Treating Patients with Chronic Disease (PDF – 64kb)

October ’06: Discovering the Alchemy of Healing

Many people used to call vascular disease “the silent killer,” because individuals had no knowledge of its accumulation, until the fatal event occurred. We now have much broader dissemination of knowledge and equipment to allow many more people to survive their acute crises, yet the insidious accumulations that create them remain. Pathological stagnations accumulate and become substantial without individuals being aware of that process.

This model of pathogenic factors accumulating in “dormancy” occurs in many diseases from osteo-arthritis to cancer. While the symptomatic expressions of many diseases appear suddenly, the pathological processes that create them accumulate over a period of many years. Yet, the individual does not experience any physical distress, so they are not affecting the primary channels, which are responsible for the individual’s moment-to-moment physiological and experiential process.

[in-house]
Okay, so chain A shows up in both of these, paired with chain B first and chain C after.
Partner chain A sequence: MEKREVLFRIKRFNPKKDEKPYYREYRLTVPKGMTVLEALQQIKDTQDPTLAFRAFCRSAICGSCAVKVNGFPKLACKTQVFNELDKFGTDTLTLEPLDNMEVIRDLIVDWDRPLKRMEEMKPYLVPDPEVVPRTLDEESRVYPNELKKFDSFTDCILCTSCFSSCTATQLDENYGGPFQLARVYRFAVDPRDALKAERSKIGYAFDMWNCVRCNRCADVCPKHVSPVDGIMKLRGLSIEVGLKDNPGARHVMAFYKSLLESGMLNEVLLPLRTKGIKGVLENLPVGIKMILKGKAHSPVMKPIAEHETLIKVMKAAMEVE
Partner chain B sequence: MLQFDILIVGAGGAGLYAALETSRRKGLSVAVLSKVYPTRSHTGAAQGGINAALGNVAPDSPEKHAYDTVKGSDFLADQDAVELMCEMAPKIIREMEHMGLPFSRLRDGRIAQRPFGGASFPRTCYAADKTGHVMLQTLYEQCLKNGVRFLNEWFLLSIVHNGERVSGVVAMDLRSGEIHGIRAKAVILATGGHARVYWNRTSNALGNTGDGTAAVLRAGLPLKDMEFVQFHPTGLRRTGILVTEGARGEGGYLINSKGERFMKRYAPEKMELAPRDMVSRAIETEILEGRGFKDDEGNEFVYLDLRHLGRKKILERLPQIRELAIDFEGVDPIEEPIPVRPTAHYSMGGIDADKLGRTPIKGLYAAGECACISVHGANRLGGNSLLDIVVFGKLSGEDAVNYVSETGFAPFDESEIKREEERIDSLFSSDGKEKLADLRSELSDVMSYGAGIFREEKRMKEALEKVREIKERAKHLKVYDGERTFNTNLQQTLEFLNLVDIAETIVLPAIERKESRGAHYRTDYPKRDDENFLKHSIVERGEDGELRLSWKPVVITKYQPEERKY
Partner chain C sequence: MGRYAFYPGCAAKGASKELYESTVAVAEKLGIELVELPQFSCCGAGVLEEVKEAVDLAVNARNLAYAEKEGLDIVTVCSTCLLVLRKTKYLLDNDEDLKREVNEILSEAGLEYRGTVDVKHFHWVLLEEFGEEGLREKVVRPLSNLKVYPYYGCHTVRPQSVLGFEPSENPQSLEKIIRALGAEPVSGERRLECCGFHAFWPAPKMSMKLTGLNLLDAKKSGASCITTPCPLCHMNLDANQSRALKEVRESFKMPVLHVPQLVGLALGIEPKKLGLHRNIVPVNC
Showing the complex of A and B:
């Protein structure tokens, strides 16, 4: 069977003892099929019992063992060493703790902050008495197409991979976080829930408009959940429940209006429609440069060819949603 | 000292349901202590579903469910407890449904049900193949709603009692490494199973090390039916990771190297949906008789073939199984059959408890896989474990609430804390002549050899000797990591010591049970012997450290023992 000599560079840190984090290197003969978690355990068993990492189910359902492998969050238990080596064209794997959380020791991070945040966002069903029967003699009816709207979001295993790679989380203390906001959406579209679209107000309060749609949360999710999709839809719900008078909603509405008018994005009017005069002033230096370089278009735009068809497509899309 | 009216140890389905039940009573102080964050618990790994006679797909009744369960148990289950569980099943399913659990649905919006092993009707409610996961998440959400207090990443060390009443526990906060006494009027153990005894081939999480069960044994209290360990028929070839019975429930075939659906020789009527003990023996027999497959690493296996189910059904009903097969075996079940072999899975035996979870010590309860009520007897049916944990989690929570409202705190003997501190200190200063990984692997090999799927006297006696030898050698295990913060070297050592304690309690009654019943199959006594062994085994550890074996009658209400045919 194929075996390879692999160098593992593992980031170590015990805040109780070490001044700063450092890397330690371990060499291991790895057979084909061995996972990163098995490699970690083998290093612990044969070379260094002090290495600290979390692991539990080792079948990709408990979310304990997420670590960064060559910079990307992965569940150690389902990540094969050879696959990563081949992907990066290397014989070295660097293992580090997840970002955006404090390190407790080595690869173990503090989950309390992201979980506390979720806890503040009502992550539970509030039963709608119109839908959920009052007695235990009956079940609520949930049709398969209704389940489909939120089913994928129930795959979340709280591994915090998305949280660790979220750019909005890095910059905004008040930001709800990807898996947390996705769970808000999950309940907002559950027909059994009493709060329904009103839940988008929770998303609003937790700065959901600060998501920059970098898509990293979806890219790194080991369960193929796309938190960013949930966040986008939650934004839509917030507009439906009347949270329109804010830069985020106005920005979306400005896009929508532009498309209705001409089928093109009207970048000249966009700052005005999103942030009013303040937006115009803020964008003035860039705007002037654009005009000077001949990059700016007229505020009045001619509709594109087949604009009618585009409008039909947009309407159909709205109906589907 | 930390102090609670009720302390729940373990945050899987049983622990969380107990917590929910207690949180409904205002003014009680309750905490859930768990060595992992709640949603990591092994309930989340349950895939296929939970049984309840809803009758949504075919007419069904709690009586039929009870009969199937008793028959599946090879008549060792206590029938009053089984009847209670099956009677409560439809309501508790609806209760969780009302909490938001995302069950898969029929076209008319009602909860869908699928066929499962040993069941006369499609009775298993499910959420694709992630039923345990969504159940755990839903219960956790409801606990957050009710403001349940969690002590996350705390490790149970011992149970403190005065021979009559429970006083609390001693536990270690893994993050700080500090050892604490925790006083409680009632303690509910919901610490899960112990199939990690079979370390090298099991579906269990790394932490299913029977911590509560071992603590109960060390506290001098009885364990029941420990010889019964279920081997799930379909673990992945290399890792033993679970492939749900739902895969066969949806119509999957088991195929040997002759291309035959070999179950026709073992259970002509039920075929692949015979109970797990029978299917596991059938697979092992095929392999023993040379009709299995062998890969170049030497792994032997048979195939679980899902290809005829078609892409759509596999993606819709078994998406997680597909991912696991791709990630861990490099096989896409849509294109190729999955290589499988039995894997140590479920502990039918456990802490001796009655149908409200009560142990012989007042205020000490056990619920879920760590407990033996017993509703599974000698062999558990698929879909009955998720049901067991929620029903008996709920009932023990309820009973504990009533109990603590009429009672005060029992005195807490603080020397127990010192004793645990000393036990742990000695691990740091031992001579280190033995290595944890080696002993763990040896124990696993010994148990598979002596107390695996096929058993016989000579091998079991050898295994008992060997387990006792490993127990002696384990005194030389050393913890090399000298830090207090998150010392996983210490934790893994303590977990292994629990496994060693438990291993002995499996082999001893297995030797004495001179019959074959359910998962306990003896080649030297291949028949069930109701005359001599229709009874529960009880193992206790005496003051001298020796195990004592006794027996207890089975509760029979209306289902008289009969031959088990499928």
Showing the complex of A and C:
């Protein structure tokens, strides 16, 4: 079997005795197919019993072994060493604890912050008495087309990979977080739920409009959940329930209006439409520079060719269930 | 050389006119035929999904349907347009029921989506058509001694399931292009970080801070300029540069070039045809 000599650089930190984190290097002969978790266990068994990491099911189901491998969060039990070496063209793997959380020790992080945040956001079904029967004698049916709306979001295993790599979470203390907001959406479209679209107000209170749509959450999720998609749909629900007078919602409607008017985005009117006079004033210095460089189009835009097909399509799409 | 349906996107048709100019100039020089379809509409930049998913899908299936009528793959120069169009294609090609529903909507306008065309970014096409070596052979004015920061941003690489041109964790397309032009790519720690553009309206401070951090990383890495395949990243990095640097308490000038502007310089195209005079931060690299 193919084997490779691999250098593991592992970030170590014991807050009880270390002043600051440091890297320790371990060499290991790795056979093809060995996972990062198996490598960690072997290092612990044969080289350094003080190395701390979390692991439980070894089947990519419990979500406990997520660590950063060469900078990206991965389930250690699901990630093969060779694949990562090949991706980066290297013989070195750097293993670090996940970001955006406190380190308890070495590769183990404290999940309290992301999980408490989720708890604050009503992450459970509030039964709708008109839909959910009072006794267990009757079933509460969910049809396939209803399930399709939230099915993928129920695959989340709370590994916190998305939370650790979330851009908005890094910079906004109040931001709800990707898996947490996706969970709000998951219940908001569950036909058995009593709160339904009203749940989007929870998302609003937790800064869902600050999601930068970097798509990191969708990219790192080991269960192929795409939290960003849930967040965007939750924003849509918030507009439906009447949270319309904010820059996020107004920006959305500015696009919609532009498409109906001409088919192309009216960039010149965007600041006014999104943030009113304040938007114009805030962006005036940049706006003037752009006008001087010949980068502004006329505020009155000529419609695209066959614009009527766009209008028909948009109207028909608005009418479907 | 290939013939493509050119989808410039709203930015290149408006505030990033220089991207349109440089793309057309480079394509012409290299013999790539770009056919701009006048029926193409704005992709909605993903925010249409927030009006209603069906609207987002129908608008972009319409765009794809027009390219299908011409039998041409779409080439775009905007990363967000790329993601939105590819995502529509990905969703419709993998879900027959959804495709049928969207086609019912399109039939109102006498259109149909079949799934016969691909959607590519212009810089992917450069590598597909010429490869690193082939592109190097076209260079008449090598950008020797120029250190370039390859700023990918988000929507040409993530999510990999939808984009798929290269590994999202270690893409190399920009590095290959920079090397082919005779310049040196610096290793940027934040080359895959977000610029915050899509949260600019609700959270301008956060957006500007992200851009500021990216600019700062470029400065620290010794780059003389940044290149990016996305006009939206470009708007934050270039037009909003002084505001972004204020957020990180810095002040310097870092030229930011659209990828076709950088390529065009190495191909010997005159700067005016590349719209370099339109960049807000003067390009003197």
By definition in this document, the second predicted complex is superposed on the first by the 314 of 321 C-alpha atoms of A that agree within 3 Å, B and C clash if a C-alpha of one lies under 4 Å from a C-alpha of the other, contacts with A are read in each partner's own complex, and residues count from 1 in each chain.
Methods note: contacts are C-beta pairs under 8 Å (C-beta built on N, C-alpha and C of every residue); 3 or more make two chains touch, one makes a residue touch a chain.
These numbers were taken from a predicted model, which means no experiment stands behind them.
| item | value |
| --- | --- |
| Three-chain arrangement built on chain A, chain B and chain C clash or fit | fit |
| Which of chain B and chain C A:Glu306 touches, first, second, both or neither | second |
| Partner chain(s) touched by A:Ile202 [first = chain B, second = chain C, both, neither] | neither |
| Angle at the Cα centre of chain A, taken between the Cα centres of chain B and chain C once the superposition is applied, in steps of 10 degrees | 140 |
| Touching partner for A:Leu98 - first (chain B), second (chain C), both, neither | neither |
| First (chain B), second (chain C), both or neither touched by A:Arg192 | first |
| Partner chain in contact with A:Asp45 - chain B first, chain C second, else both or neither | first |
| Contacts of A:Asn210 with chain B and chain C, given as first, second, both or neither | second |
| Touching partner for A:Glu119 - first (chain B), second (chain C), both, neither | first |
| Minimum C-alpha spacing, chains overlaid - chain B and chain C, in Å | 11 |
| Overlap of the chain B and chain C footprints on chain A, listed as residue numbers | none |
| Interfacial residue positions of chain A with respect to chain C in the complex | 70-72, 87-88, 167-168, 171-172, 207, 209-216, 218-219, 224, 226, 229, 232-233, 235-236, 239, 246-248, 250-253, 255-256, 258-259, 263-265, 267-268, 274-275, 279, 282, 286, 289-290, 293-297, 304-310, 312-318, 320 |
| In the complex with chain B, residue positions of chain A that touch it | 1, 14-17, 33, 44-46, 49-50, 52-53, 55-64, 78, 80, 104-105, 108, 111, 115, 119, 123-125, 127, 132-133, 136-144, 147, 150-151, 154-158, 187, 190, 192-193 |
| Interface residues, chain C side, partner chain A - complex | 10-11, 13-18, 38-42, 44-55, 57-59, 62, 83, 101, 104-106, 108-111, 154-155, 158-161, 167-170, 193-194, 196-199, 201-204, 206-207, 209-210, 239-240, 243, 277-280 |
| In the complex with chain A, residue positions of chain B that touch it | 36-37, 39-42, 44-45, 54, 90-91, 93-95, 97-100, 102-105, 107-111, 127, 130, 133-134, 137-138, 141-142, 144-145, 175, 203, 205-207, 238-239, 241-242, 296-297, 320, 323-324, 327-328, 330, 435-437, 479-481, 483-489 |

Discovering the Alchemy of Healing (PDF – 52kb)

December ’06: The Spirit of Inquiry

Acupuncturists and herbalists face a daunting task in learning our healing arts. The history of Chinese medicine is vast; its conceptual frameworks varied, and richly textured. The poetic and evocative language of Chinese medicine has inspired penetrating and profound inquiry into the nature of life in health and disease for more than twenty centuries. Yet, among our contemporary teachers, we have surprisingly narrow guides for uncovering its riches.

The Spirit of Inquiry (PDF – 72kb)

February ’07: Understanding the Channels through Experience

Chinese exercises appeal to many beyond our profession. Their wide variety can attract people with many different interests. Young people appreciate the physical discipline of learning a martial art, and the self-esteem one gains in strengthening and training the body. These benefits certainly extend to adults, and as people mature some are drawn to the more sublime pleasures and benefits of internal martial arts such as taijiquan, and the wide variety of qigong exercises.